When Steven Raichlen’s newest cookbook, “The Brisket Chronicles — How to Barbecue, Braise, Smoke, and Cure the World’s Most Epic Cut of Meat,” hit my desk, I had to wonder: How does he keep coming up with such big promises for seemingly little topics? I mean, “Chronicles?” “Epic?”
But Raichlen has given us 32 cookbooks, including his award-winning “The Barbecue Bible,” which all have been translated into 17 languages. And after reading this new tome and testing several of its recipes, I have to say “The Brisket Chronicles” is another winner. It’s jam-packed with brisket history (the “chronicles”), butchering details, and cooking and serving techniques — which, in the end, convinced me the lowly brisket can be “epic.”
Raichlen already proved this point at his recent Barbecue University at The Broadmoor when he smoked an A5 Japanese wagyu brisket in one of the classes. The 15-pound hunk of beef cost a whopping $1,200.
It came from Crowd Cow, a Seattle-based online meat delivery company that offers its customers grass-fed beef from small farms and ranches.
“The wagyu used in today’s class came from the Kuroge-washyu breed,” said Faith Deutschle, Crowd Cow brand marketing manager, “which contains more omega 3 and 6 fatty acids, as well as more monounsaturated fatty acids than other kinds of beef.
“In fact, the unique composition of A5 wagyu means that fat melts at room temperature, so it’s no exaggeration when we say it ‘melts in your mouth.’ Just another reason why Japanese A5 Wagyu is considered the pinnacle of the beef world.”
The letter represents yield quality, which essentially means how much usable meat was on the animal. “A” is superior, “B” is average and “C” is inferior.
According to Raichlen’s new cookbook, “American Wagyu beef is rated by its BMS (beef marble score), with 3 being the lowest and 12 being the highest.”
Digits between 1 and 5 represent where the quality falls on a number of characteristics, including marbling. But marbling isn’t the only thing that counts. The number awarded to the animal also considers the color of the meat, the fat and how evenly its distribution is.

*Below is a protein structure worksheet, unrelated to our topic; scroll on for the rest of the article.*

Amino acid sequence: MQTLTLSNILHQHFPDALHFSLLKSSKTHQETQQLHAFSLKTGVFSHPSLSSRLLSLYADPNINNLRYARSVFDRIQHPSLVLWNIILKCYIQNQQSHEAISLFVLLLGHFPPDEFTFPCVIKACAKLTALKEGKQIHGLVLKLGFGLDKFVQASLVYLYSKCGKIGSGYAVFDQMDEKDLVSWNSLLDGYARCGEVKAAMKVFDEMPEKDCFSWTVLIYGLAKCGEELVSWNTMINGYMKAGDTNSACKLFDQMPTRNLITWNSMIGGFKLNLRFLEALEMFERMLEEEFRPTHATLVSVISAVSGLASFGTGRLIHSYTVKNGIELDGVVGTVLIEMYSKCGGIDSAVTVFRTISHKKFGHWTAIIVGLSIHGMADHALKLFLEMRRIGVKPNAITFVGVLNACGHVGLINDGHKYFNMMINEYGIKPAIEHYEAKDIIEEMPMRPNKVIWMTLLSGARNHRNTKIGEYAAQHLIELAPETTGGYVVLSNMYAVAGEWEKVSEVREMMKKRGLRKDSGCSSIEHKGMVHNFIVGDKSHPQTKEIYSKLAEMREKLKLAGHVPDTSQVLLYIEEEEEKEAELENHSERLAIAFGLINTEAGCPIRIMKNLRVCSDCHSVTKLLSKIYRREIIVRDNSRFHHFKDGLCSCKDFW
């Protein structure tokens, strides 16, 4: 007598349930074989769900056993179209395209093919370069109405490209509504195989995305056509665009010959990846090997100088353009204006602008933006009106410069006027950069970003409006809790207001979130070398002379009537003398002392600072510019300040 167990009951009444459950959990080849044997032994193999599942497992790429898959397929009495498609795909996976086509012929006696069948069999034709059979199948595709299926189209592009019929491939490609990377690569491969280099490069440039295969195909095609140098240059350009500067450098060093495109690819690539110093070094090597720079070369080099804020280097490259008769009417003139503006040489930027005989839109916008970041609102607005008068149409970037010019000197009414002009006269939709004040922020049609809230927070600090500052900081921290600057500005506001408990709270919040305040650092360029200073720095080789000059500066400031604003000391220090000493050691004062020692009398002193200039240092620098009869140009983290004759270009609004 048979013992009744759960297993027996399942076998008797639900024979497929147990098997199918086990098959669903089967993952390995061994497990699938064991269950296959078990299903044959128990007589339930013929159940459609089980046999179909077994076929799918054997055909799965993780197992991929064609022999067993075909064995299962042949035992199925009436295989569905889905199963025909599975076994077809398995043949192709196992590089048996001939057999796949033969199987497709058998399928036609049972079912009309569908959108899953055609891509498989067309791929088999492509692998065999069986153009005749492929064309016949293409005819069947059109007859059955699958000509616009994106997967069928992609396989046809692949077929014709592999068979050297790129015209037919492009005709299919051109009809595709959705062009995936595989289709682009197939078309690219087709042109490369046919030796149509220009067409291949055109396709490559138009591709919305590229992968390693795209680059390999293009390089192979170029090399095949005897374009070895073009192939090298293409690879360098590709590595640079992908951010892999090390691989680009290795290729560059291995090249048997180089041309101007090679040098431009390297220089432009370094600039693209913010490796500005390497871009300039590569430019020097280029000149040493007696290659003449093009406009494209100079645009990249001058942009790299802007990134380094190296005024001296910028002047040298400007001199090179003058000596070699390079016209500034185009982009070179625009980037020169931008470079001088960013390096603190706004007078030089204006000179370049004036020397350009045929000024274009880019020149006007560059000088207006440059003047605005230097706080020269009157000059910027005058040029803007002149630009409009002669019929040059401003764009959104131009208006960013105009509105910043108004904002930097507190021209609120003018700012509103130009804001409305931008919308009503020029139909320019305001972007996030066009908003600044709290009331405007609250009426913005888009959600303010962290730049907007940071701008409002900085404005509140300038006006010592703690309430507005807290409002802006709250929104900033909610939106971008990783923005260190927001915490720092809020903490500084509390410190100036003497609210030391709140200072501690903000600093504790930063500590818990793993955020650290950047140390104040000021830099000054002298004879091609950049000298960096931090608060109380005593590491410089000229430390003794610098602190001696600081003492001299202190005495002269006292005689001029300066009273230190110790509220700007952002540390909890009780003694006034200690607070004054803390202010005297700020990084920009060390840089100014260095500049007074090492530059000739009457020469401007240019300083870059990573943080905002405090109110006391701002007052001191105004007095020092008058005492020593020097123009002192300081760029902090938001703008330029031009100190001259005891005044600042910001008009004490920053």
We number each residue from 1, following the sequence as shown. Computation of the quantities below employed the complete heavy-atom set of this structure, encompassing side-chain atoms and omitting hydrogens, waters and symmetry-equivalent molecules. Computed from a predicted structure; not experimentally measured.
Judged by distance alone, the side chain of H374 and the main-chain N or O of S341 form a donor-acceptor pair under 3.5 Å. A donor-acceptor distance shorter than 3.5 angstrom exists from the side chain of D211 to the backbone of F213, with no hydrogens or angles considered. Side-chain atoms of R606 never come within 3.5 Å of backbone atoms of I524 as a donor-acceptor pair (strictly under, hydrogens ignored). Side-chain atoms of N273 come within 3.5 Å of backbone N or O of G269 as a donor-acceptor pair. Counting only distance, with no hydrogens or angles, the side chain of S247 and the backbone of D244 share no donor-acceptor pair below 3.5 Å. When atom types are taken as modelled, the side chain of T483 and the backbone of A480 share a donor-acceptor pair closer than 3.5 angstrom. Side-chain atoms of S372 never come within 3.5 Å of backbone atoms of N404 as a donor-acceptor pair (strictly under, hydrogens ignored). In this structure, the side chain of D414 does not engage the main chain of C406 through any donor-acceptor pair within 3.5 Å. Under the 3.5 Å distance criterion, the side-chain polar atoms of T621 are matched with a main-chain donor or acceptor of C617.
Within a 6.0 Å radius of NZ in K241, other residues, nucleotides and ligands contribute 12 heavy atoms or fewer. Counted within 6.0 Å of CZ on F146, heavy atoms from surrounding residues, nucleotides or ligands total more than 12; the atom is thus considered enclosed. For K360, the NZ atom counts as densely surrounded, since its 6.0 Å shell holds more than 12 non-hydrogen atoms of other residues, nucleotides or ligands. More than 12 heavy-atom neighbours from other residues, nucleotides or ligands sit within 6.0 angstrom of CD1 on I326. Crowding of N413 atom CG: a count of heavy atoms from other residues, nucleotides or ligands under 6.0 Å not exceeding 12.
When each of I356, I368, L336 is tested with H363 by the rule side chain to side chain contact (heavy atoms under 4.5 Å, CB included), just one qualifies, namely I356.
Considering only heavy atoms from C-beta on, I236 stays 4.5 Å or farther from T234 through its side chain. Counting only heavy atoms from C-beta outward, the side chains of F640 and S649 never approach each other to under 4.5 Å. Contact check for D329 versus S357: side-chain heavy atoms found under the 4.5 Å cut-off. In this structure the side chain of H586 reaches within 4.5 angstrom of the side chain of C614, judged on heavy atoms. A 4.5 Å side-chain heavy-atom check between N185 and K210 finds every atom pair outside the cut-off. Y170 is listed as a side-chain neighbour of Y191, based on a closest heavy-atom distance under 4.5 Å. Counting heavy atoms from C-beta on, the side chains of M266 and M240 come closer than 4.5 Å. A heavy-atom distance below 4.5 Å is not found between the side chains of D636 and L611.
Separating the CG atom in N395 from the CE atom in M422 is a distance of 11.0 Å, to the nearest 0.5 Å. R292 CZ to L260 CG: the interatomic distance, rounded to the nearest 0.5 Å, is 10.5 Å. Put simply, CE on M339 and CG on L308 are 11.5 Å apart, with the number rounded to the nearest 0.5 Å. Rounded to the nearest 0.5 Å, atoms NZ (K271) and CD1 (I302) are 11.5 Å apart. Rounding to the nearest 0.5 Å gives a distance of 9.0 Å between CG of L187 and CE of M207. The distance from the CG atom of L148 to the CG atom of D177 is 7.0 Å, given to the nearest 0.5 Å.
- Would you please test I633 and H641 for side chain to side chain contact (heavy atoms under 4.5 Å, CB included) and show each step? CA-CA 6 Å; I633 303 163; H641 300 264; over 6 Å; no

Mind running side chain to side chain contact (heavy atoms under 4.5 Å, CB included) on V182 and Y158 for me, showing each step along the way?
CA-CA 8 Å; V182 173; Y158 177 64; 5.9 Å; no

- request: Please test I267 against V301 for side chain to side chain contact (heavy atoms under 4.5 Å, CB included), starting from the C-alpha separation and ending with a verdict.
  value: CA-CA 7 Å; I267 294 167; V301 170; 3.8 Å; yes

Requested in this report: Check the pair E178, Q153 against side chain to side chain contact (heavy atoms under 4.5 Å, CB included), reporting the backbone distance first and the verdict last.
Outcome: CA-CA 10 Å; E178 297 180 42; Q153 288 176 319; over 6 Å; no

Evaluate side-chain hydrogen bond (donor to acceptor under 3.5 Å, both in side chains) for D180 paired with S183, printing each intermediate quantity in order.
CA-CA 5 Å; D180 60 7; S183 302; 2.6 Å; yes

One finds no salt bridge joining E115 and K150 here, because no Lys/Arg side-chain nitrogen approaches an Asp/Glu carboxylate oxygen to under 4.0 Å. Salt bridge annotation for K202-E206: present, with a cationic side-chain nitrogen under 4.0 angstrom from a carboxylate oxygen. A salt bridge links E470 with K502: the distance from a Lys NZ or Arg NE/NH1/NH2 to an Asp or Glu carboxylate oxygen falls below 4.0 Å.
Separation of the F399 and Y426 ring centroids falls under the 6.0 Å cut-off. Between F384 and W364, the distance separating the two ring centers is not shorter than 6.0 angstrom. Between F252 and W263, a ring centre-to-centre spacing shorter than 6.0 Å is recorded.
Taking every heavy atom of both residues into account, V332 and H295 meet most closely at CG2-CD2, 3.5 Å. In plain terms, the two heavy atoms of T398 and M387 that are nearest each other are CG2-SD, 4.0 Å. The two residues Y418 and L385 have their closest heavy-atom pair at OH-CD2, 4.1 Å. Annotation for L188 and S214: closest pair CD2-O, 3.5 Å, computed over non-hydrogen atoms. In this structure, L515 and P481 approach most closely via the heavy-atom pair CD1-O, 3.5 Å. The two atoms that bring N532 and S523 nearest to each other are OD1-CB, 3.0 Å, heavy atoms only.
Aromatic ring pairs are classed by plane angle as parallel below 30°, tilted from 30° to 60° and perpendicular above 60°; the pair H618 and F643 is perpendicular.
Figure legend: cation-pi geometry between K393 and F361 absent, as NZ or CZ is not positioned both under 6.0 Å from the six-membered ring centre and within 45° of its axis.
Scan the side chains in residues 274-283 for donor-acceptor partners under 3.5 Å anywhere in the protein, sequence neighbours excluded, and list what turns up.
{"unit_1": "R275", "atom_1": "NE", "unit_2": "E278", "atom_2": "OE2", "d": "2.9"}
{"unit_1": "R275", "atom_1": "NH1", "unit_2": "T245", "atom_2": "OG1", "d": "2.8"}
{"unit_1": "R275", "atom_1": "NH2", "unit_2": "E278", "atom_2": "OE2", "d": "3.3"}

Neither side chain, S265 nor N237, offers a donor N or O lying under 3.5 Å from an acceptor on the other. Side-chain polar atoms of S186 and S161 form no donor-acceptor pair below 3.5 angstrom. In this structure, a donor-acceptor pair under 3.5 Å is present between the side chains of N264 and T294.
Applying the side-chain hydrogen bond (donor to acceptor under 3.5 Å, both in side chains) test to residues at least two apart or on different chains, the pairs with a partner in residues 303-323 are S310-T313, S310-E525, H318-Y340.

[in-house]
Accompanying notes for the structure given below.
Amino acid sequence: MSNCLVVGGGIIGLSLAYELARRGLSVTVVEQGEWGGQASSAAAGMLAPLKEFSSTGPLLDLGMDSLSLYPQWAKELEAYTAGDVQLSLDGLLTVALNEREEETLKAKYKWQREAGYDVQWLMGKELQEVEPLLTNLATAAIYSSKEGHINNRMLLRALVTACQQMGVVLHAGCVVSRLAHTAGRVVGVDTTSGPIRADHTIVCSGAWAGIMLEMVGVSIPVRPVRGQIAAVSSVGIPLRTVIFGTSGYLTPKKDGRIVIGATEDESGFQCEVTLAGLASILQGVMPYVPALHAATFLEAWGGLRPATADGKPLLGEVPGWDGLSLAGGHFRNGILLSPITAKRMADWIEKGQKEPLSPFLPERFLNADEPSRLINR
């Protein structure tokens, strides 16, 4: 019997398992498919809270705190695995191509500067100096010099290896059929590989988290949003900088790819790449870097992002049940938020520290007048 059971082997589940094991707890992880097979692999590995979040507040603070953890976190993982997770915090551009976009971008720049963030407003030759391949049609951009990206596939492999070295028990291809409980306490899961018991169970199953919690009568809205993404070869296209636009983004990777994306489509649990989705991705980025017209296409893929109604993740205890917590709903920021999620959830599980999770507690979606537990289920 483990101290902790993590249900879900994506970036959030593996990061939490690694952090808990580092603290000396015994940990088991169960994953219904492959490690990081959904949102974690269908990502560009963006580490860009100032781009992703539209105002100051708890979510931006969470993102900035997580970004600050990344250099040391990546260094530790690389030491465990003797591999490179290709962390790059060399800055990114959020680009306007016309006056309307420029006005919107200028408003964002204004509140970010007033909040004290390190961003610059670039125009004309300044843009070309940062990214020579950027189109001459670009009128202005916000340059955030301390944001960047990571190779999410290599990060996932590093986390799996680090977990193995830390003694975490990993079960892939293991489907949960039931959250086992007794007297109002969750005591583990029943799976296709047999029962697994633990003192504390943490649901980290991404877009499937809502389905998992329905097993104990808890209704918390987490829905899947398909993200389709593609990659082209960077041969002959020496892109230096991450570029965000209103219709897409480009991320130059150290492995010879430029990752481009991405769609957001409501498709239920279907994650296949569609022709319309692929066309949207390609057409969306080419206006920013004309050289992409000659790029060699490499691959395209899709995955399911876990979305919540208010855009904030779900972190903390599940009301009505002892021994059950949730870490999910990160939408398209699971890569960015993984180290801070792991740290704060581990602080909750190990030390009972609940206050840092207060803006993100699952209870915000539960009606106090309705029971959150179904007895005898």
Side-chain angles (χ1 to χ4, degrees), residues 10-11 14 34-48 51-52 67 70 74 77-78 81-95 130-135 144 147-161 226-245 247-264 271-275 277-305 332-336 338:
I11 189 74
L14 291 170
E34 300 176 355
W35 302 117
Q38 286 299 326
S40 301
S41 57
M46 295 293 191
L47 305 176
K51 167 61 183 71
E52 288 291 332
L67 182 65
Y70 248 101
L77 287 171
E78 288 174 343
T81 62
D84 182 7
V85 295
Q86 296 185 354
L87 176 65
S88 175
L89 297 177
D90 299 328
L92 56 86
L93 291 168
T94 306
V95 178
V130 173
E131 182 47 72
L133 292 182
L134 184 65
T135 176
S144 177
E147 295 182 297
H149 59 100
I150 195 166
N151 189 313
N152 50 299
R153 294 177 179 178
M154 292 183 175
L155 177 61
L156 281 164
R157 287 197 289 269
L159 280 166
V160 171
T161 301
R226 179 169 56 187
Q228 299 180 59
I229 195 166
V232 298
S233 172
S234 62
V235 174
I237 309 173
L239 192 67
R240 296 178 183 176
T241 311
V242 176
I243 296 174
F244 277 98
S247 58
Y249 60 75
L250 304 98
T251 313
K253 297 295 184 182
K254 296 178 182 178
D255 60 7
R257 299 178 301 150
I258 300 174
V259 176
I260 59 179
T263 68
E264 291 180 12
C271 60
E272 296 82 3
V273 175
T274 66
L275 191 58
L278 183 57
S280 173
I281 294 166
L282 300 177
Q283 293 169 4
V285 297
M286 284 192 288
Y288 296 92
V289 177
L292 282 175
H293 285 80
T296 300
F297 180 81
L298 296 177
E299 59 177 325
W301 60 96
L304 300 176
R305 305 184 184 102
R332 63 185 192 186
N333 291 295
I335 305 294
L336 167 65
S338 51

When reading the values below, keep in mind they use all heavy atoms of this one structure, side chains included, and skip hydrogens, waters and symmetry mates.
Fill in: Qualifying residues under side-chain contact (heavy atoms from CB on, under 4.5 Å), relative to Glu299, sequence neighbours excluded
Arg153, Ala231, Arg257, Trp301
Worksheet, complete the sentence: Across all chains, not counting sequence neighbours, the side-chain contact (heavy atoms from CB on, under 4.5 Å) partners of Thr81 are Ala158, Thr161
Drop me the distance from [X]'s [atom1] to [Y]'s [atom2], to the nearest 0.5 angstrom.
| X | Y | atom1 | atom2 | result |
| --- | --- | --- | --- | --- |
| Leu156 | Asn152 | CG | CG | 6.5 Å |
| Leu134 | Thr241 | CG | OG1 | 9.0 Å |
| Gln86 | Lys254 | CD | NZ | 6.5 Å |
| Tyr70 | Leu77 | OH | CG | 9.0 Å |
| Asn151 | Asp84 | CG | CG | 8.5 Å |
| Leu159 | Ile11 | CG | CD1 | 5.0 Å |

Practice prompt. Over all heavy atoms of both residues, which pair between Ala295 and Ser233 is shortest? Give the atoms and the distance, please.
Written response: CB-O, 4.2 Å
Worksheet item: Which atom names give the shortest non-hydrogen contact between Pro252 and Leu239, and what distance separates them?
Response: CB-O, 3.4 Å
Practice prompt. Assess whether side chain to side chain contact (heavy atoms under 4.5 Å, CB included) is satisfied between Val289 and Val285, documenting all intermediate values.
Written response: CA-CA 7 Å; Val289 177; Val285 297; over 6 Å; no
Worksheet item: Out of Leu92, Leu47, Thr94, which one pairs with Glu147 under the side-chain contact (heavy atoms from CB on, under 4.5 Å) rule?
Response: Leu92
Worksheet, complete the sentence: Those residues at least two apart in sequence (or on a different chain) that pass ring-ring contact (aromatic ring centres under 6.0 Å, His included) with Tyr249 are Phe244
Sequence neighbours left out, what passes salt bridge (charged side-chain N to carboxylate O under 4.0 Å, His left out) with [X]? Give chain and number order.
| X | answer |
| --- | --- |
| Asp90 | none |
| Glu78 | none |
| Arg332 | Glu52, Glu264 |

The important numbers are “5,” which means “superior,” and “3 to 4,” which means “conforming to standards.”
“I was born in Japan,” Raichlen said at his cooking class, “but this is the first time I’ve ever tasted this quality of wagyu. An A5.”
The meat for the class had sat overnight in a Big Green Egg smoker over natural lump charcoal.
“There are three ways to test for doneness,” he told us. “Temperature. It should be 200 to 205 degrees. The shake test — it should shimmy like bovine jelly. Or the chopstick test. A chopstick should easily slide through the meat.”
His deep brown, crusty-looking slab of meat passed all tests with flying colors.
As he took a taste of a little browned end, he said it was “like eating the richest brisket fat with meat holding it together. Trimming the fat from this quality of meat would a sacrilege.”
As he sliced the meat for serving, he stole another nibble.
“This is the breakfast of champions,” he said. “We should be eating this meat with our heads bowed in reverence.”
As the meat was plated and served, Raichlen explained that the class’s menu would end with a smoked kale recipe.
“Here at Barbecue U, we harden up your arteries with brisket fat, and we give you kale as a remedy,” he said.
By the end of the class, Raichlen had delivered on his promise by giving us an epic chronicle of brisket education.
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